Does capitalism work for you? Vote in Times Square



By Zach Brown

Steve Lambert talks with a "voter" at his Capitalism Works For Me! True/False art exhibit in Times Square. Photo: Zach Brown

Steve Lambert talks with a “voter” at his Capitalism Works For Me! True/False art exhibit in Times Square. Photo: Zach Brown.

NEW YORK — The ongoing tally of true-false votes displayed on Steve Lambert’s art exhibit might imply that the numbers mean something to the artist.

His Capitalism Works For Me! True/False project has toured the country for more than two years now, allowing people to vote whether or not they believe capitalism benefits them. Lambert said about 200 people vote per day during the showings.

But when someone asks him what the overall results are after two years of voting, Lambert cannot provide an answer.

He hasn’t added them up in a year.

“The numbers are like one of the least interesting parts,” Lambert said. “It really is just a trick to get people to think. We call it bait for their imagination. I have (the results) all written down somewhere, but it’s not really important.”

Lambert’s exhibit is on display in Times Square as part of the French Institute’s Crossing the Line Festival. It made its first brief appearance in Times Square on Sept. 20 and returned again Sunday. The 20 feet long, 9 feet high red, white and blue sign adorned with flashing light bulbs appeared dwarfed among the massive electronic billboards surrounding it. By 3 p.m. Monday, more than 500 people had voted over the span of three days at the Capitalism Works For Me! True/False exhibit — 290 for false, 252 for true.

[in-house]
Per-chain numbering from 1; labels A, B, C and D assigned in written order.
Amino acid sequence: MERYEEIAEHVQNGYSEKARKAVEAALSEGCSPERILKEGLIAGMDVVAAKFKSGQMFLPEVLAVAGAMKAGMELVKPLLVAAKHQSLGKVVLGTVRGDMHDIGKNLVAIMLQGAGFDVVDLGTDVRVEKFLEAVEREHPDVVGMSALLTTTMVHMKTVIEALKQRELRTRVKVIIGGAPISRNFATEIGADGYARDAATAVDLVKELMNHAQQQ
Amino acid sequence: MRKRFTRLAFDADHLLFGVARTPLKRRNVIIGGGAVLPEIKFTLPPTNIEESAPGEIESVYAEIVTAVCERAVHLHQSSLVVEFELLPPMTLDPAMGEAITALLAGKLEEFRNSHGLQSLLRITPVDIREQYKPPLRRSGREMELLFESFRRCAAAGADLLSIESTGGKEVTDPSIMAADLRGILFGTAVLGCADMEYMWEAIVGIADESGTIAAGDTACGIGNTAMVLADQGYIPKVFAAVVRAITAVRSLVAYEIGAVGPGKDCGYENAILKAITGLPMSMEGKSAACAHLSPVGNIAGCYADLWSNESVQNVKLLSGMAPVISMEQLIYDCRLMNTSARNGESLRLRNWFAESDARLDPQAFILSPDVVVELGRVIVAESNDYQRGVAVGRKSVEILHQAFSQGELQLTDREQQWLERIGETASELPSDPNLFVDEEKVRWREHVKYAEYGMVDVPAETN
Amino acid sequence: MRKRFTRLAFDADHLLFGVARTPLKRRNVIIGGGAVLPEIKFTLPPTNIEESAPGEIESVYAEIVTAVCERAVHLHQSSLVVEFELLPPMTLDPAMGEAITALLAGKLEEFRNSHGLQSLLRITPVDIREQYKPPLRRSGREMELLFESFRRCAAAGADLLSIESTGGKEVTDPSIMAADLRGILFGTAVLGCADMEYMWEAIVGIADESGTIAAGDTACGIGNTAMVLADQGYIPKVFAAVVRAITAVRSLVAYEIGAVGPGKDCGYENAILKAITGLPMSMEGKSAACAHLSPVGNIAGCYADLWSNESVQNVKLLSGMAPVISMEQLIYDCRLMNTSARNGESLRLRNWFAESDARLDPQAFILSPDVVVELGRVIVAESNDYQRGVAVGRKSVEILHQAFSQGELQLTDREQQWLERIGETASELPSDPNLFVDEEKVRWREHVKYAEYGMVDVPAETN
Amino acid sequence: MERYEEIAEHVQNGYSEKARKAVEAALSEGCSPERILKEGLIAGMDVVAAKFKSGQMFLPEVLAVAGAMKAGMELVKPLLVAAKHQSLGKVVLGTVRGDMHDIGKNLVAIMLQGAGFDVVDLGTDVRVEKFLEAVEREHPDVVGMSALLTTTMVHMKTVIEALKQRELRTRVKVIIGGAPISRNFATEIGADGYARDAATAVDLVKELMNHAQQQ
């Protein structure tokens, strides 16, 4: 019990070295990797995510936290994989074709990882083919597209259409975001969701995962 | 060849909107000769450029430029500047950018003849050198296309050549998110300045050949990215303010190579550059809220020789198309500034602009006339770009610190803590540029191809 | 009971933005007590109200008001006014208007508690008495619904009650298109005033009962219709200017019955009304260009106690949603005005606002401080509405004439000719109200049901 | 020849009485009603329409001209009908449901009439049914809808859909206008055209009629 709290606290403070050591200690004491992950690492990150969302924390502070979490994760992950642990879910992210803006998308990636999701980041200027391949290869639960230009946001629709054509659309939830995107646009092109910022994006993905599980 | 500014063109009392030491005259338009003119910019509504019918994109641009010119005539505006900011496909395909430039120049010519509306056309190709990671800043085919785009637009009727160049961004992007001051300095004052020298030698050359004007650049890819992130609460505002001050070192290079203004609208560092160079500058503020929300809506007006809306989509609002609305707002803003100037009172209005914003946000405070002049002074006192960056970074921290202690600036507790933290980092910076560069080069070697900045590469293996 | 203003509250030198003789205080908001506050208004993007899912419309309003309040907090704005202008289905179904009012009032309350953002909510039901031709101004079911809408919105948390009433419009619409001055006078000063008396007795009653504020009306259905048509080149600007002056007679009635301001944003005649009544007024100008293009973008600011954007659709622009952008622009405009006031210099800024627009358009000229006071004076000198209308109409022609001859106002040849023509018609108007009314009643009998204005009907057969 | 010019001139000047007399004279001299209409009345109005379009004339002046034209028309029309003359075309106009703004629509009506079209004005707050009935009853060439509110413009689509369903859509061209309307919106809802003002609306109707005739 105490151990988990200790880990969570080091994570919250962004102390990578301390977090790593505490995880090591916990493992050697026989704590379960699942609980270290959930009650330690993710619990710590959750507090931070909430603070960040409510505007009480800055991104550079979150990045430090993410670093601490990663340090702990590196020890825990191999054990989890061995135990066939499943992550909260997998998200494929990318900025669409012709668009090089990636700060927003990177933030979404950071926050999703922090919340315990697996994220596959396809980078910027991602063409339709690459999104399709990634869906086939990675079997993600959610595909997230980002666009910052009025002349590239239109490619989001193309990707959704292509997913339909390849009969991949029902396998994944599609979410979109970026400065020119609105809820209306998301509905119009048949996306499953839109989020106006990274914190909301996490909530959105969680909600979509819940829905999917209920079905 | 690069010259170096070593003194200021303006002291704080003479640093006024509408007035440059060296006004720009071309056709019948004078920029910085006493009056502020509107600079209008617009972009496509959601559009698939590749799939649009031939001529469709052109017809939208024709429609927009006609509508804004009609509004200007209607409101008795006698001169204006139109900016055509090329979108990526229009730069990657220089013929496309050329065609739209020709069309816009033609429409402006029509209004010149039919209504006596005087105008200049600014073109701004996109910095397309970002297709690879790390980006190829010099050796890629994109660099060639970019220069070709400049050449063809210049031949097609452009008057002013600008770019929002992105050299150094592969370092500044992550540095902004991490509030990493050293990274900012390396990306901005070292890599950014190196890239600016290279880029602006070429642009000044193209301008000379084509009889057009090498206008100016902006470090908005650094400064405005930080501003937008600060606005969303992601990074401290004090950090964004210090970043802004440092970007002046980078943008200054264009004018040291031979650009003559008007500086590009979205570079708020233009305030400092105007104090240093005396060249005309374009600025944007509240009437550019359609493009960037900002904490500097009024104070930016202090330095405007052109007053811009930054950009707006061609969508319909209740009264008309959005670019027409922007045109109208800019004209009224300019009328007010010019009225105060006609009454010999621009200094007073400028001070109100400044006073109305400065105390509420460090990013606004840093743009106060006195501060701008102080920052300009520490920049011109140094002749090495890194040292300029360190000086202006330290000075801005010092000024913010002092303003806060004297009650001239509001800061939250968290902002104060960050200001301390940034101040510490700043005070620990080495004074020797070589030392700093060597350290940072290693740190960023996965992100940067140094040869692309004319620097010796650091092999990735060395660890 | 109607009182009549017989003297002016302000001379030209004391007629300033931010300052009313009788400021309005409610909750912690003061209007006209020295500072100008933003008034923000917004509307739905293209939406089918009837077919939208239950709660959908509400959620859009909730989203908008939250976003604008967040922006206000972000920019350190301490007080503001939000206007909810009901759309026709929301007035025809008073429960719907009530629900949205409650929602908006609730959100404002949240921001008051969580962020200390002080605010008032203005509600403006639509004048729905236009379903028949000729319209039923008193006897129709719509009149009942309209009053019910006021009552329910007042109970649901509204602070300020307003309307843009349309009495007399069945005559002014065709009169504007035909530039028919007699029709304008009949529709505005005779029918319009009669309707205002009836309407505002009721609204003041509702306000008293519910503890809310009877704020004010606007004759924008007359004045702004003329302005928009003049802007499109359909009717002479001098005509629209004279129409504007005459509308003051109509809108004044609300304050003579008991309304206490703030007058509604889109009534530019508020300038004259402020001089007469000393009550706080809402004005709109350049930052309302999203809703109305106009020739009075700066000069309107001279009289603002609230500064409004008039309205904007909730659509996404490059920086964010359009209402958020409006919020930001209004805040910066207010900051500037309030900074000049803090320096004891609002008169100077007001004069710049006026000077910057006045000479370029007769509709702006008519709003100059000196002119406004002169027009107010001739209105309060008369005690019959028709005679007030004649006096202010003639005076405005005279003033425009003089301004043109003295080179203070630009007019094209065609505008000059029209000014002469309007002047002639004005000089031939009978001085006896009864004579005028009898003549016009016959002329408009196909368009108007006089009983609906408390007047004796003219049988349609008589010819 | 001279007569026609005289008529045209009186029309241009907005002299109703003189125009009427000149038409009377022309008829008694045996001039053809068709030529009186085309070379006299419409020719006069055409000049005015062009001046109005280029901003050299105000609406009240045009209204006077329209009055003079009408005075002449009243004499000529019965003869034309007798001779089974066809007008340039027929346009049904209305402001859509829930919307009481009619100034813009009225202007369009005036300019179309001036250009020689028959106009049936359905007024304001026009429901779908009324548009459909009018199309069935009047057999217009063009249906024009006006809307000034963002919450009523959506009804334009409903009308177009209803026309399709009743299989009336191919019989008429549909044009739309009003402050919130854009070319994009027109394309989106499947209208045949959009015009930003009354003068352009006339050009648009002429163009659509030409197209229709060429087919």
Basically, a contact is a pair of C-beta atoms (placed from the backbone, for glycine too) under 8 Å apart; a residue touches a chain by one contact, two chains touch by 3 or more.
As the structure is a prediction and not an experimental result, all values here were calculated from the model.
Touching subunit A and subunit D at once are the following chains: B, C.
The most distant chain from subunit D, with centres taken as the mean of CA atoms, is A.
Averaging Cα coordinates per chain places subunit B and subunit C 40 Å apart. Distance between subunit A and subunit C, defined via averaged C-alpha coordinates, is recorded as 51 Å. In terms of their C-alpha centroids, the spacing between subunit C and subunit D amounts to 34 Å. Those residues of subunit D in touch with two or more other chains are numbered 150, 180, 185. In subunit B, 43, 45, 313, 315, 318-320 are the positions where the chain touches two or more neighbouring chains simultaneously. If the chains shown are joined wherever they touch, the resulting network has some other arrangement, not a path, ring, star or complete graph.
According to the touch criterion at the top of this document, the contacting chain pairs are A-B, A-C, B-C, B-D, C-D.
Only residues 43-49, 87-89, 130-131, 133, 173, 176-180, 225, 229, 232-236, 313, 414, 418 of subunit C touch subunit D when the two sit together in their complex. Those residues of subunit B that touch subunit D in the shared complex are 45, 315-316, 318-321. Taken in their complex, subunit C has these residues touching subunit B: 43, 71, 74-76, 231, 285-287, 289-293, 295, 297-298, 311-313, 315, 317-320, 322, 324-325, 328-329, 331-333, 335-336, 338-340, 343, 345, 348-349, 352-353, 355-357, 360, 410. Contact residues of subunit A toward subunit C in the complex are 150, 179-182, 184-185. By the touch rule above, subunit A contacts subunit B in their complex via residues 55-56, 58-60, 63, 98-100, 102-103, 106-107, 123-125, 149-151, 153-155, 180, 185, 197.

But Lambert, who sports a shaved head, rimmed glasses with thick lenses and a scraggly, chestnut brown beard that extends down to his chest, explained the goal is not to count votes.

“Short-term goal is to start to get people to evaluate something that they take as a given, which is capitalism,” Lambert said. “Long-term goal is reimagining how the economic system could work. That’s what I really want to talk about.”

The line to step up and press either the green true button or the blinking red false button never reached more than six people from 1 p.m. to 3 p.m. Monday. As people waited in line, volunteer workers engaged them in conversation about how they would vote and challenged why they thought that way, asking them to delve into their personal experience with capitalism.

“It’s really how much we can put this question into the public domain is how we judge it’s success,” said Simon Dove, co-curator of the Crossing the Line Festival. “If you look at the kind of radio, TV and press coverage, then I think we’re doing pretty well here.”

Randy Fromm, 49, works as a mortgage lender at a major bank he could not disclose the name of due to the bank’s interview policy. He voted true and enjoyed his interaction with the volunteers.

“The conversation was fine,” he said. “I love having the conversation. I think people need to have more of these conversations these days.”

Lambert agreed with that sentiment but unlike Fromm, would vote false in his own exhibit.

He said he feels capitalism is outdated. When asked about an alternative, he compared the process of moving on from capitalism to finding a new job.

“If we have a bad job, you don’t have to have a new job and be on payroll before you think about quitting the job you have,” Lambert said. “You have to think about quitting the job you have and then you have to quit and start applying for other places.

“You expect me to have an answer to this new economic system? It’s insane. But the beginning is the conversation.”

Capitalism Works For Me! True/False will be on display in Times Square through Wednesday from noon to 7 p.m.